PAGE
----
I've said from time to time that there are some things you can do to resin clay which is commonly applied to polymer clay. The advantage is resin clay does not need any baking as it cures by being left alone over 24 hours or so. The other thing about resin clay is its adhesive properties. There are also a couple of differences in the handling of resin clay compared to polymer clay which I will mention later in this tutorial on how to make candy swirl beads.

I generally only buy larger quantities of resin clay only in off white and black.  As resin clay does has limited shelf life,  buying smaller quantities of the strong colored clay makes sense.  I used the red color of the Apoxie Sculpt multi pack courtesy of Fire Mountain Gems.  I also wanted to make beads with smaller holes suitable for beaders to mix and match with clay and beaded beads so they sent along bead piercing pins.

Bead piercing pins and resin clay
Resin clay is two part epoxy resin ( sort of the solid version of its liquid cousin).  If you do not have weighing scales, then the easiest way to portion out 2 roughly equal amounts of Part A and B is to make similar size balls.  The picture below shows how I used the two parts of the red color as well as two parts of my current supply of whitish clay.

Resin clay is not toxic (although as with anything, there may be some people who might be allergic). I wear the gloves not because I am allergic but because the clay can be really sticky when mixing the two parts together.

Once I mixed the white and the red colors, I took a portion of each mix and mixed again to get the pink color.

I then rolled out each color into long snakes.

Then the fun begins!  I then randomly rolled the 3 rolls together. Note the powder you see on my hands come from the inside of the nitrile gloves I used.  It didn't matter for the candy swirl idea I have but you might prefer to remove said powder before handling the clay!

I also twisted the combined roll in a random fashion, now and then.

I also doubled it up and re-rolled it. Anything to get a fun swirl pattern.

I tried to cut up even portions from the tubes so that the beads would be similar sized.

I tested out the bead roller I had which polymer clay people use for making beads in 3 different shapes. It is a simple device with a groove and tongue bit on one side when both halves are fitted together.

Remember resin clay is sticky unlike polymer clay. So it took a few to and fro motions to get the clay to shape up.  I  usually grease up tools for resin clay. But in this case, do NOT use any oils. That would be too slick and you will not be able to make the beads.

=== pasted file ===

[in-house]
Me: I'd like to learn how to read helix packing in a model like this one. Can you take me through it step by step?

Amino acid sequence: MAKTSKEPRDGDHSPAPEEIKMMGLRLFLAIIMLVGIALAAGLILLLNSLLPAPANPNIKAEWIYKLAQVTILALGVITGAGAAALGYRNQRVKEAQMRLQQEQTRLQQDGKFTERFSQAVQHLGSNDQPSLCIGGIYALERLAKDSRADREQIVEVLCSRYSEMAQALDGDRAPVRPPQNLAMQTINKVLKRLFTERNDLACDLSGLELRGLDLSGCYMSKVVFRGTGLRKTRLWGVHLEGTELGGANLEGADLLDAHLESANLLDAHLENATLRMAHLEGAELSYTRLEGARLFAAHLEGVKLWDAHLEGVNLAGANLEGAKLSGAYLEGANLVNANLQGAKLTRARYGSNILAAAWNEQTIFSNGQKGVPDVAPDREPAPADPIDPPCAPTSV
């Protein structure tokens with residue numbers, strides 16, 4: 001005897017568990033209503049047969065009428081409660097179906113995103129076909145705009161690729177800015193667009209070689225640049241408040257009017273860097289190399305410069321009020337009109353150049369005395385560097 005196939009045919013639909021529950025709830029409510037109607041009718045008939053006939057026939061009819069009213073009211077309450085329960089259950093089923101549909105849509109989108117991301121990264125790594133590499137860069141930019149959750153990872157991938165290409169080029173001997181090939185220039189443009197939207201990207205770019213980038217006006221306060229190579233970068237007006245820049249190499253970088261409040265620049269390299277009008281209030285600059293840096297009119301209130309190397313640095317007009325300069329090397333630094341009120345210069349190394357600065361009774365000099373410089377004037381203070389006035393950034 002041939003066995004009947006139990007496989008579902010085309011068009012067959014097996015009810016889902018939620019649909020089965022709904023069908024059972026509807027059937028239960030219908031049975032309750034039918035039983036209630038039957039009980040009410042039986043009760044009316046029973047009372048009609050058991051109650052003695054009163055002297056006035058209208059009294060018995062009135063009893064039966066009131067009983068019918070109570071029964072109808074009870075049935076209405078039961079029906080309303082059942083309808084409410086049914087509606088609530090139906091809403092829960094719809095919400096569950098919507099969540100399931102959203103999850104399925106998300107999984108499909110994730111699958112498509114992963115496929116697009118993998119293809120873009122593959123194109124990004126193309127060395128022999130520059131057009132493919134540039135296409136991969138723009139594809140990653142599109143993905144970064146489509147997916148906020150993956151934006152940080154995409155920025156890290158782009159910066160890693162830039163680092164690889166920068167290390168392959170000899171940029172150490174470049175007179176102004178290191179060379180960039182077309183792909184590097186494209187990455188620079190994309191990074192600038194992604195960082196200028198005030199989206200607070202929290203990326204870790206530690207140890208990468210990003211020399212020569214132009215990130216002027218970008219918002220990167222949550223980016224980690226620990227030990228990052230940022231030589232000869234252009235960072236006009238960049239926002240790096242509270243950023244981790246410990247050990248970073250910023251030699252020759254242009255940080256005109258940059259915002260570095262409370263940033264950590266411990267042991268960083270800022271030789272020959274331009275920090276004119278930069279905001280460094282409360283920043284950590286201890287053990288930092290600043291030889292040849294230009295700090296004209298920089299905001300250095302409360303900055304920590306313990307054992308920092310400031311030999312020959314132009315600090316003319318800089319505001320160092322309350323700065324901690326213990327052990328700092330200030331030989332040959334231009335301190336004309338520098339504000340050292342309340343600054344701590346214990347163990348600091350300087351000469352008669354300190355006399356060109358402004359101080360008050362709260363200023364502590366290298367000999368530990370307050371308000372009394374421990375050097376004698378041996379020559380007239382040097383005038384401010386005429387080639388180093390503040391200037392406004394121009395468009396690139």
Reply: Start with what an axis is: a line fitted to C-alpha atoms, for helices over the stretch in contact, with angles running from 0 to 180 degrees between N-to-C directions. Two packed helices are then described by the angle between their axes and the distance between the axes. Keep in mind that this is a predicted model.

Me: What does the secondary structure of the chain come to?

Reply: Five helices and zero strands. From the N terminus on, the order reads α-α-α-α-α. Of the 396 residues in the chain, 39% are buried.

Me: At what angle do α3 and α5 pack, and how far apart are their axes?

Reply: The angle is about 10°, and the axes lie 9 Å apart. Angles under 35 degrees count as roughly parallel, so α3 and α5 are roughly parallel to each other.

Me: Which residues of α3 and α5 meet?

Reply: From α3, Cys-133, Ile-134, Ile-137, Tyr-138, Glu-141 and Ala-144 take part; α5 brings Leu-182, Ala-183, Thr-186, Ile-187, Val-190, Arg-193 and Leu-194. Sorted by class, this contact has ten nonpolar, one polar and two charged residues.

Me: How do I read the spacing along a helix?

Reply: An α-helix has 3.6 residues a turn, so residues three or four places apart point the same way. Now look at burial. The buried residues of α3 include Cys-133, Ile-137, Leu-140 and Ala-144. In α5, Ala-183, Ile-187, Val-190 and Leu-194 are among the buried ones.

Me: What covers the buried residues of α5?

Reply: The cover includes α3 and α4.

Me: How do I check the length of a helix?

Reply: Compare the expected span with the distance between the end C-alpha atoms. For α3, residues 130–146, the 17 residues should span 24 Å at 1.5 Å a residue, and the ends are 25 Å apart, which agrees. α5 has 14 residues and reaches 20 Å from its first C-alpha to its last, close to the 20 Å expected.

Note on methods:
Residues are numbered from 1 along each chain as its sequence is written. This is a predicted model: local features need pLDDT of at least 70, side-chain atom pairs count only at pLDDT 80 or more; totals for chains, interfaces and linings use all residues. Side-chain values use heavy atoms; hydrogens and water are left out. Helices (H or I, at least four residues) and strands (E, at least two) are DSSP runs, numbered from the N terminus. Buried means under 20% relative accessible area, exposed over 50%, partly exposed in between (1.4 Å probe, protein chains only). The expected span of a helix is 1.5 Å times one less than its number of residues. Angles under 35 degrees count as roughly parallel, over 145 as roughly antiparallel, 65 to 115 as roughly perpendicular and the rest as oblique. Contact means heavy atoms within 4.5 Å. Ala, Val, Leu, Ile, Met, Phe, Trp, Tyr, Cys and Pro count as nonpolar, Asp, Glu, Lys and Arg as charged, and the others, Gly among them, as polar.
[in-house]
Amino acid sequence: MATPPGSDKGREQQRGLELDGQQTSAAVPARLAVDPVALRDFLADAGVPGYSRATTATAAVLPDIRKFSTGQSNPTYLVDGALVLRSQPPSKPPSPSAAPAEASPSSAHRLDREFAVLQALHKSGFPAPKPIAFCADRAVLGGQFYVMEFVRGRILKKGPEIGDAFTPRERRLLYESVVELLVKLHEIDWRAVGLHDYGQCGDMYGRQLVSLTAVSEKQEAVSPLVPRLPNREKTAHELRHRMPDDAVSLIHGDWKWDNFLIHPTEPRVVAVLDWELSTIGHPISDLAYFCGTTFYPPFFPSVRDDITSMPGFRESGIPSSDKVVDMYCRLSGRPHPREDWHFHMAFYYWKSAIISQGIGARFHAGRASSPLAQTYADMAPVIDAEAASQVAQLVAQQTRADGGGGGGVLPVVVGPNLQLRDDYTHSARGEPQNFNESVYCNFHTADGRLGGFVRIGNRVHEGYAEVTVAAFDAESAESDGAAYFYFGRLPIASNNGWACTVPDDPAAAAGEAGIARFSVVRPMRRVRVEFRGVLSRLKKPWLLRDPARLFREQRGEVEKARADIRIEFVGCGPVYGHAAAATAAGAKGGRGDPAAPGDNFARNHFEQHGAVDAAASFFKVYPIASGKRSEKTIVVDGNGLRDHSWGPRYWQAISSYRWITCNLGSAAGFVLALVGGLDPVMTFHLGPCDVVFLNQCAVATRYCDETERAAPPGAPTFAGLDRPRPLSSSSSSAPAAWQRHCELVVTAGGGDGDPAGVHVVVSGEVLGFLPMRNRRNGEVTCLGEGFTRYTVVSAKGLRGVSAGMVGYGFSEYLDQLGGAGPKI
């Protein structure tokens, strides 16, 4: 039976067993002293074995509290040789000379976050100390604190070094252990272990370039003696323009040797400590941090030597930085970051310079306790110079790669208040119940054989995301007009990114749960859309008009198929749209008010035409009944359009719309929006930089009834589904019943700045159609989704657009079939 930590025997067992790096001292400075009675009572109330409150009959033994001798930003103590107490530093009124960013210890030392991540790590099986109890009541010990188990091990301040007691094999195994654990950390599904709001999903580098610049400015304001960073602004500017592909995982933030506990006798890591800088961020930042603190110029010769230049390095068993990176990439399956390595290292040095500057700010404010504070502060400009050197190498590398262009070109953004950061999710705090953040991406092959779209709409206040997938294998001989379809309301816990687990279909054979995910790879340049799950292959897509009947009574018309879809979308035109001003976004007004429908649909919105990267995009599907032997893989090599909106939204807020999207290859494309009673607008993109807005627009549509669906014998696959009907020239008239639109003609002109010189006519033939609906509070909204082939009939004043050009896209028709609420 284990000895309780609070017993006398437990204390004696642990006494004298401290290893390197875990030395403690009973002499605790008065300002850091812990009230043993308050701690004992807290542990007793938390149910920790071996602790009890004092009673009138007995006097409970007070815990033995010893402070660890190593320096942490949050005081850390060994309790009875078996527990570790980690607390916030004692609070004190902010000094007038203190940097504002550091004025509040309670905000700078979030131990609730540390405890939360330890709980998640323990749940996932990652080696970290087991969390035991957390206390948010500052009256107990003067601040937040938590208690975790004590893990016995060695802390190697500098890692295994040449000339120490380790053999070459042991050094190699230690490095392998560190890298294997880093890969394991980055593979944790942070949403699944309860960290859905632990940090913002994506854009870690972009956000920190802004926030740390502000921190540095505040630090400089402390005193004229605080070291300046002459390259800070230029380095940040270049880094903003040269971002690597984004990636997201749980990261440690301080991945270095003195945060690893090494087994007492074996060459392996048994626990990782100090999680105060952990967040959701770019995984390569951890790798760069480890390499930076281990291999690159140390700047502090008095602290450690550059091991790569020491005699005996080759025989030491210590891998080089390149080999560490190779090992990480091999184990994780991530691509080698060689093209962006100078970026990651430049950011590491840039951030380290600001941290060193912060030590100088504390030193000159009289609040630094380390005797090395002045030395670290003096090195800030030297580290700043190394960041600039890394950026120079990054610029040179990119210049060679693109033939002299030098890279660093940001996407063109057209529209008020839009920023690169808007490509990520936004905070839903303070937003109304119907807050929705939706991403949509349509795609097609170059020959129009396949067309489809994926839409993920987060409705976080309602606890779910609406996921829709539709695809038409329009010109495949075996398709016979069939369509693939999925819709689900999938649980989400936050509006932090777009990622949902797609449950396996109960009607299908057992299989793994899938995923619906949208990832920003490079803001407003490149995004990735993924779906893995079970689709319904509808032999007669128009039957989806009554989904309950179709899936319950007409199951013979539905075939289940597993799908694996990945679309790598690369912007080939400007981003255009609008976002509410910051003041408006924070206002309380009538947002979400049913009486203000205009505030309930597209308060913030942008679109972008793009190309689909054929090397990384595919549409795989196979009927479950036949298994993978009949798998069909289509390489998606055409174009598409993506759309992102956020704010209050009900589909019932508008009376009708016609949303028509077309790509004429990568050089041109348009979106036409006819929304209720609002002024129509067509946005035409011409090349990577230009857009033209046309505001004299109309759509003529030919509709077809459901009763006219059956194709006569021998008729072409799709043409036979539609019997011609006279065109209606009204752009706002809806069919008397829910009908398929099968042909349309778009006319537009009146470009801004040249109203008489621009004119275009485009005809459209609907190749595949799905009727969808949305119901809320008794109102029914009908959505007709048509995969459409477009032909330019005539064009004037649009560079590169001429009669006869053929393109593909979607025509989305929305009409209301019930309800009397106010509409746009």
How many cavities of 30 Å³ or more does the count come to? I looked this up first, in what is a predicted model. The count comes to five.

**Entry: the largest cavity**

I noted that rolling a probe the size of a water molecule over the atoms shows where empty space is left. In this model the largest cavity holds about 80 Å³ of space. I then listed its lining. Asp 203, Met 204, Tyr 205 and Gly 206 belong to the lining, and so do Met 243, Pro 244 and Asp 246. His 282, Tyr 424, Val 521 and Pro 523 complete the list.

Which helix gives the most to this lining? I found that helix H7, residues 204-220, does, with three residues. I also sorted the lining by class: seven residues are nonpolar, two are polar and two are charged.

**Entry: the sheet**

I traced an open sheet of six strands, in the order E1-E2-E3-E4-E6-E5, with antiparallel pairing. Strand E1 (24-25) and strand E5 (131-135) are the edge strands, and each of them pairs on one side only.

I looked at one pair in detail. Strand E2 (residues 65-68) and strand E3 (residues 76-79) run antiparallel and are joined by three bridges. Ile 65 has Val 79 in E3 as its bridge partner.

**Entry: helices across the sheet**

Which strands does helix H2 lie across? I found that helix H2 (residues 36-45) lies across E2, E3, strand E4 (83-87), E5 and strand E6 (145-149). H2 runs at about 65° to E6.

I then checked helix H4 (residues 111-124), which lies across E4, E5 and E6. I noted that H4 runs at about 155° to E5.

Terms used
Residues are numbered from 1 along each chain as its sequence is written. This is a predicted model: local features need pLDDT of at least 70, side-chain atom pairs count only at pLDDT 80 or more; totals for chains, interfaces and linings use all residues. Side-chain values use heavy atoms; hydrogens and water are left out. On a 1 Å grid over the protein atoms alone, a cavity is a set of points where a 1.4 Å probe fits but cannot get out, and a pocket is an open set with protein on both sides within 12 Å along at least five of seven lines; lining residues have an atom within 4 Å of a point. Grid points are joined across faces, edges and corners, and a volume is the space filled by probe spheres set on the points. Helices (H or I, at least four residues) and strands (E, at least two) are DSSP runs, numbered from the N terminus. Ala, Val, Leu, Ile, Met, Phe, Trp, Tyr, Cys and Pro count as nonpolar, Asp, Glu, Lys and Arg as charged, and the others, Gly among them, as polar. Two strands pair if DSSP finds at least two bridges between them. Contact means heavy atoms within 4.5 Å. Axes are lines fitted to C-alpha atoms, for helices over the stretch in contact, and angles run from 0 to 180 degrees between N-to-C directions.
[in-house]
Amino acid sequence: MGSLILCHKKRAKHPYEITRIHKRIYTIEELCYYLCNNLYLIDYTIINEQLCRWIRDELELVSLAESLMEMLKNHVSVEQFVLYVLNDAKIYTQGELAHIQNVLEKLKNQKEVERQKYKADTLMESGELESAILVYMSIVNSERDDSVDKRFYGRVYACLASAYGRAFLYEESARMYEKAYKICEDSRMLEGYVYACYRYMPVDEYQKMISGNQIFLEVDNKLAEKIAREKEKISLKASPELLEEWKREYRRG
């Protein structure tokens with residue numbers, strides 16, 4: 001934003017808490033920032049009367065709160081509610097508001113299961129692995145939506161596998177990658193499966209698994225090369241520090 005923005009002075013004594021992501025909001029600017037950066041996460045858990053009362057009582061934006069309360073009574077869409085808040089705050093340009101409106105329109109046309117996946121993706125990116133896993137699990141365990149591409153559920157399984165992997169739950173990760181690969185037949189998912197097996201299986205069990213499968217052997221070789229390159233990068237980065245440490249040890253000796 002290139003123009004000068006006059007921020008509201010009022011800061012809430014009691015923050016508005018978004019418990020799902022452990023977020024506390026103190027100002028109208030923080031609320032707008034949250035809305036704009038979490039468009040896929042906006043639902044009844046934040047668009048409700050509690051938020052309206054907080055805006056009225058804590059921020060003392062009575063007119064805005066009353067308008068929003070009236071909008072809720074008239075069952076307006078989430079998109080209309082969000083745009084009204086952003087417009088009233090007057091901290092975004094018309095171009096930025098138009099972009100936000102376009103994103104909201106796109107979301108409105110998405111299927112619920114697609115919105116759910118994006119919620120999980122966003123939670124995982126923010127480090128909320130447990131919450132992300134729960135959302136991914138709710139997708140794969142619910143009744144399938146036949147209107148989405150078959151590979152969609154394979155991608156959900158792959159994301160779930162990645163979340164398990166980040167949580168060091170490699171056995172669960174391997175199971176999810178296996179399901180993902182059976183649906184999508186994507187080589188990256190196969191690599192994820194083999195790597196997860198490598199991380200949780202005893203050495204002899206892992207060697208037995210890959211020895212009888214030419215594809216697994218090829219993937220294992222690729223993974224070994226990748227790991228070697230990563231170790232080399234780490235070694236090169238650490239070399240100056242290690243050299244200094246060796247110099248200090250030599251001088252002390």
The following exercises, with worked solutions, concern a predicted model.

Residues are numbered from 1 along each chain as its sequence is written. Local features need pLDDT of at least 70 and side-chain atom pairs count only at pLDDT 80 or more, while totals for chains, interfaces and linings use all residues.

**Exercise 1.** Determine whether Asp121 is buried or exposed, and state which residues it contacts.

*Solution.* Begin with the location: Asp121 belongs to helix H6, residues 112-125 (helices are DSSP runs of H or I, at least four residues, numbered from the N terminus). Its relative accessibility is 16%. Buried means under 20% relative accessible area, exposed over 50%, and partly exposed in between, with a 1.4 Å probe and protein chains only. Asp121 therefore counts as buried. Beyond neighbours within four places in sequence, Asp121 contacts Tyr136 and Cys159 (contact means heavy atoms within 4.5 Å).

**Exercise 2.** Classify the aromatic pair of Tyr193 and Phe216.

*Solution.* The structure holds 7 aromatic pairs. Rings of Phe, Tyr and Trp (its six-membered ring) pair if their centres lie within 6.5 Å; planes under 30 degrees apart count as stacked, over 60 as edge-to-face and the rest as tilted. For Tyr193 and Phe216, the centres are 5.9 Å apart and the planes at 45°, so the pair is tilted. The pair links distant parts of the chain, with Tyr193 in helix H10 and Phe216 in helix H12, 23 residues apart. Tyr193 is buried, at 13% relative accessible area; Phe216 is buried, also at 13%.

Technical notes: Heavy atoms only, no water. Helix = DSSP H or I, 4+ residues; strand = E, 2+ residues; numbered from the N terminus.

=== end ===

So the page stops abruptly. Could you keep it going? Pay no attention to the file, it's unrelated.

Resin clay feels less cohesive than polymer clay so the edges of this shape was perhaps not as sharp. I used Burts Bee Hand Salve to coat the piercing pin so that the resin clay will not stick to it.  You can also use a vegetable oil.

Then I randomly rolled each bead in some glitter.

I pressed some rondelles into the ends of some of the beads.  As the clay is adhesive, the metal bits will stick.

I also made a larger bead without the roller.  This is not as successful as the clay is heavier than polymer clay and had a tendency to lose it shape. So if you wish to make larger beads, use a wooden base (see the first link below for my previous tutorial on faux metal resin clay beads).  Also note using a tooth pick to skewer the bead may distort.  The piercing pin is finer, but you will have to work it to enlarge the hole especially if you want to use grommets as shown below.

Once the beads are done, just let them cure overnight to 24 hours.

I used a liquid varnish (Varathane's diamond wood finish) to protect the beads.

And there you have it!

I used some of these beads mixed in with frosted beads for this simple necklace design!

I used natural light, my iPhone 6S with the ProCamera app and the Modahaus TS400 tabletop studio for final product photography. The tutorial pictures were taken with the same equipment but with artificial lights in my windowless basement studio. Check out my How to Photograph Jewelry Webinar .

I do receive a small fee for any products purchased through affiliate links. This goes towards the support of this blog and to provide resource information to readers. The opinions expressed are solely my own. They would be the same whether or not I receive any compensation.

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